On Wednesday morning, 57 visitors, mostly teenagers, divided themselves into six teams and headed to various homes in Graham to work under the hot sun for no pay, just as they had done the previous two days, and just as they would do for the next two days. 

“If you were to advertise this job you would say, ‘Allright, here is what I want you to do. I want you to give up a week of your summer. I want you to come work in one of the hottest months of the year for 40 hours a week, straight labor. I want you to pay money to come. And I want you to sign up now,'” mission trip leader Todd Treat said. “What teenager signs up for that? Kids get such a bad reputation sometimes for being selfish and not caring about others, and you see the good of teenagers in these trips. It's neat.”

The visitors were on a mission trip from Genesis United Methodist Church, GUMC, in Fort Worth. A former Graham resident, Treat administrated the trip. Their goal: To help fix up  23 homes identified mainly by City of Graham Code Enforcement Officer Robert San Miguel.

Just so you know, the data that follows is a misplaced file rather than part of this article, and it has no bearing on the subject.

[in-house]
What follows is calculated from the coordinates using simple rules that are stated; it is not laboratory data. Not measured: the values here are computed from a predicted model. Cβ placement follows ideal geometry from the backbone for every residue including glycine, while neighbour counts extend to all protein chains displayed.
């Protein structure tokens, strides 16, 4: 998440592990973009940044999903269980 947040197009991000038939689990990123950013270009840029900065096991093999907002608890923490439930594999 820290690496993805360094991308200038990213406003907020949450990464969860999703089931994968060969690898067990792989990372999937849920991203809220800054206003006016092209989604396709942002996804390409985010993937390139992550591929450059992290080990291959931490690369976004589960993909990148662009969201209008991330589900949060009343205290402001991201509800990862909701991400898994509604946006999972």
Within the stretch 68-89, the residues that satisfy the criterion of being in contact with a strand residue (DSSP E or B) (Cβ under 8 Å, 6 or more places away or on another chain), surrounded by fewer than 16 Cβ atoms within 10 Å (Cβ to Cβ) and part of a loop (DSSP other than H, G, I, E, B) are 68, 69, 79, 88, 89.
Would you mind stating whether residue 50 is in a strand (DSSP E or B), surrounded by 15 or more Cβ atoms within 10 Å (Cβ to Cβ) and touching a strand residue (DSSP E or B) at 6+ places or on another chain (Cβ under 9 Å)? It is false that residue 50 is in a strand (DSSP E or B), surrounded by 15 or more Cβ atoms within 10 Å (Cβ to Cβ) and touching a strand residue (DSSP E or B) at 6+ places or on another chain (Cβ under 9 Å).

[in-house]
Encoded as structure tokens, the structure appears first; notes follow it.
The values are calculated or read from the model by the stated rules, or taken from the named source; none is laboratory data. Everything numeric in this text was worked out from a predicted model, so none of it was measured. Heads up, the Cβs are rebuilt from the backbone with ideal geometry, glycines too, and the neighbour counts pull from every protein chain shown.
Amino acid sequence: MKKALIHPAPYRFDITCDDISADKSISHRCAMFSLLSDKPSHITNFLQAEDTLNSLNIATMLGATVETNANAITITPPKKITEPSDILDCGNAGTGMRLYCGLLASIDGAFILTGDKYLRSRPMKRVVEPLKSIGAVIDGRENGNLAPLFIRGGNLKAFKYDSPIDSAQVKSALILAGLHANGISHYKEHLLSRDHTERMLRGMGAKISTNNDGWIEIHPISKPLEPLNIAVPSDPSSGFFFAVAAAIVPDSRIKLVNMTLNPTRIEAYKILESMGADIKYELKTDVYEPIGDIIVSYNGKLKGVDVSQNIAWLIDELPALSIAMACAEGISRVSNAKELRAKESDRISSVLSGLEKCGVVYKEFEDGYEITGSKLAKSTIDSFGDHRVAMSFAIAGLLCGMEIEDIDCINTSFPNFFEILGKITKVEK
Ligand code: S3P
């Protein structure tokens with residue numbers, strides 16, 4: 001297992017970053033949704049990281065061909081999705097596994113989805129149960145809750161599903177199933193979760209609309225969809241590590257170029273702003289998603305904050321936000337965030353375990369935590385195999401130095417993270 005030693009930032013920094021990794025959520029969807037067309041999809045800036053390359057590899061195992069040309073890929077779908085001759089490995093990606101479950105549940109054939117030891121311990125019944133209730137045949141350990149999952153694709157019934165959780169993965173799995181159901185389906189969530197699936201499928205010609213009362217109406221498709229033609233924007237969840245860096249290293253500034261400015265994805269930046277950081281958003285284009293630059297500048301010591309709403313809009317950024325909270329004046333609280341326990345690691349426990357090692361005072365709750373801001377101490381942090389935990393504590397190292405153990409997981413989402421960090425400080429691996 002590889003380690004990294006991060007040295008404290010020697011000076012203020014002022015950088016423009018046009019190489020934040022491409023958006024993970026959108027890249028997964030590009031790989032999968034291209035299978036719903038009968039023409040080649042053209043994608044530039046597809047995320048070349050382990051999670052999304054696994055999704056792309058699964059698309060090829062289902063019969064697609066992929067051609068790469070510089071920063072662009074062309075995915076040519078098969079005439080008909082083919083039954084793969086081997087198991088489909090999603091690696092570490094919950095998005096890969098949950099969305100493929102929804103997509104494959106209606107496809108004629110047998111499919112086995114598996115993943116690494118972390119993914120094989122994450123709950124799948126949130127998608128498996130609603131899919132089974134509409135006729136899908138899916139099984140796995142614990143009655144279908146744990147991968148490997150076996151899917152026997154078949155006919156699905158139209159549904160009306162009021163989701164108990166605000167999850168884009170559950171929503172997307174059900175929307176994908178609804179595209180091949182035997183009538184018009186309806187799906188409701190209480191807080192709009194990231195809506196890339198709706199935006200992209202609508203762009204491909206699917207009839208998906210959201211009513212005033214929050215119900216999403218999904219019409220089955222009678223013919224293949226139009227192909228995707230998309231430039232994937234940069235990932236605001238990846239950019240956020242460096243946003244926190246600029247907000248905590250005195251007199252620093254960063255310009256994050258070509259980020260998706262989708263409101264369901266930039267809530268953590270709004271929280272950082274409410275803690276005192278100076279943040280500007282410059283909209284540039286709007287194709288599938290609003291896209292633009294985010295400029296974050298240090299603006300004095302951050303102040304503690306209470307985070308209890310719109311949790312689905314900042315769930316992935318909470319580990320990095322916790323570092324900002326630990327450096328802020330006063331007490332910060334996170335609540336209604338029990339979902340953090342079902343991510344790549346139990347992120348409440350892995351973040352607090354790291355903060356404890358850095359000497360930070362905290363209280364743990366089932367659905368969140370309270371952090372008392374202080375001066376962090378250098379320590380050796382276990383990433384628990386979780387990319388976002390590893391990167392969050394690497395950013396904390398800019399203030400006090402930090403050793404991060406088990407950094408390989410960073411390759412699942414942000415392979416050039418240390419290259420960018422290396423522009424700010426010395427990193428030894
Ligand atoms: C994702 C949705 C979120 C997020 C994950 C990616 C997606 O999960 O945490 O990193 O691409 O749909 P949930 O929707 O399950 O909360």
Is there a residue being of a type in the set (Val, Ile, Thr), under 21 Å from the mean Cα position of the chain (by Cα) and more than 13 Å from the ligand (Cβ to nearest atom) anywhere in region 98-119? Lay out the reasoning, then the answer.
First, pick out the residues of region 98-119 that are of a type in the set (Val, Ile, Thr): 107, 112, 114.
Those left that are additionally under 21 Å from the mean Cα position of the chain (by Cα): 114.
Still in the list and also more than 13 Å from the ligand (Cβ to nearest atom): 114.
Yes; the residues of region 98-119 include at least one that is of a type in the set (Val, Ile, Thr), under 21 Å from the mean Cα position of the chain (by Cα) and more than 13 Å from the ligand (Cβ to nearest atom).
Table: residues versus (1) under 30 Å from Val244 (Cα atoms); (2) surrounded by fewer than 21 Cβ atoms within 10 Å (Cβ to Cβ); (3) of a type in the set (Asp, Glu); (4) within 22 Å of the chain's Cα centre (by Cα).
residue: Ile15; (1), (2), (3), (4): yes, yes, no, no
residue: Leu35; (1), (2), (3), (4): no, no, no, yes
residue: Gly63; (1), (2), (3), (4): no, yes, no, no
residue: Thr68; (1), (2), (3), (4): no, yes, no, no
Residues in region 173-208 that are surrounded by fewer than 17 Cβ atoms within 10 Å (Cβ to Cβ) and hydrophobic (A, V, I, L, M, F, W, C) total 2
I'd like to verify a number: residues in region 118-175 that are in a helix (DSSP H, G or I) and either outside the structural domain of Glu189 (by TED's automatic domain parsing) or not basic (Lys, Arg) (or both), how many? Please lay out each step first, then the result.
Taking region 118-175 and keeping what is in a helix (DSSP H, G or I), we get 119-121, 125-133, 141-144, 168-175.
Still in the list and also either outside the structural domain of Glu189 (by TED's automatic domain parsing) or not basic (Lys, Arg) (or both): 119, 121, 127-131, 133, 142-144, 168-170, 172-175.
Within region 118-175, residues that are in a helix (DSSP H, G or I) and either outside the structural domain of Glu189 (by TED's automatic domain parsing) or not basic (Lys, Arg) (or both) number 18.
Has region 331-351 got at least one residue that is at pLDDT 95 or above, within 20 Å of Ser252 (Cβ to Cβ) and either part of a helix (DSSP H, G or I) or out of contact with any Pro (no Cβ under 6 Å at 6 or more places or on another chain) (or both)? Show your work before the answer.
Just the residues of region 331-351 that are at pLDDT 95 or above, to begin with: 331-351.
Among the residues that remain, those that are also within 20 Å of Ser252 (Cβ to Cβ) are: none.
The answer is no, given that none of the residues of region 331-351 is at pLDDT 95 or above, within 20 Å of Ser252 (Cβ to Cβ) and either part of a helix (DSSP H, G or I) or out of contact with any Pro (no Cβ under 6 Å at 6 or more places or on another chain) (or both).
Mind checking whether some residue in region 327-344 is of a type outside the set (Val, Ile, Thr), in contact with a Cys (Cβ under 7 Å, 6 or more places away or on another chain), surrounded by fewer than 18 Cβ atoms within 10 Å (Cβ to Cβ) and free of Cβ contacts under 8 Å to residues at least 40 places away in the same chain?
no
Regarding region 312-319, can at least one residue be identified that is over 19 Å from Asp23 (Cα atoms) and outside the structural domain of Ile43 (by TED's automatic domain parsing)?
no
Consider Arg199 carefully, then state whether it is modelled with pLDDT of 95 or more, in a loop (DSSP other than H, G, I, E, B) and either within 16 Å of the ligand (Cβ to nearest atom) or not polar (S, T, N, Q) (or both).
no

“The ones that I identified are from residents that I had met in the past that had code enforcement issues, and I just remember the ones that were in need, elderly or disabled, and I went from there,” San Miguel said. “I don't think any of them were close to being condemned, but the Genesis group, they really came in and did a lot of home improvements that needed to be done.” 

Pat Parker, 68, and her granddaughter Lilly's home needed much attention; jobs Parker couldn't do herself or afford to hire out. A past ice storm ruined the wood under her home's awning, allowing water in. A ramp to her front door made of thin plywood distorted and bent as she walked on it. That's just a sample of needed repairs. 

“Well, nobody has ever offered to help me do anything before,” Parker said. “I don't know how to say thank you properly. I don't have words for a proper thank you.”

According to Treat, the young volunteers have been able to clear 13 trailer loads of “random stuff” from homes in the area. Mayor Jack Graham formally thanked the group from GUMC at the city council's Thursday morning meeting. 

“It's a good blending of the public and private sector to help people out,” said City Manager David Casteel.

This week, 23 homes were helped this week, but more need it. 

Code enforcement has been a bit of an uphill battle for San Miguel. The officer who held the post before him fell ill and was unable to work for the two years prior to San Miguel taking over 18 months ago, he said. 

“It's job security,” joked the officer in front of a dilapidated trailer home off Pecan Street he had condemned earlier that day.

Read the entire story in this weekend's Graham Leader.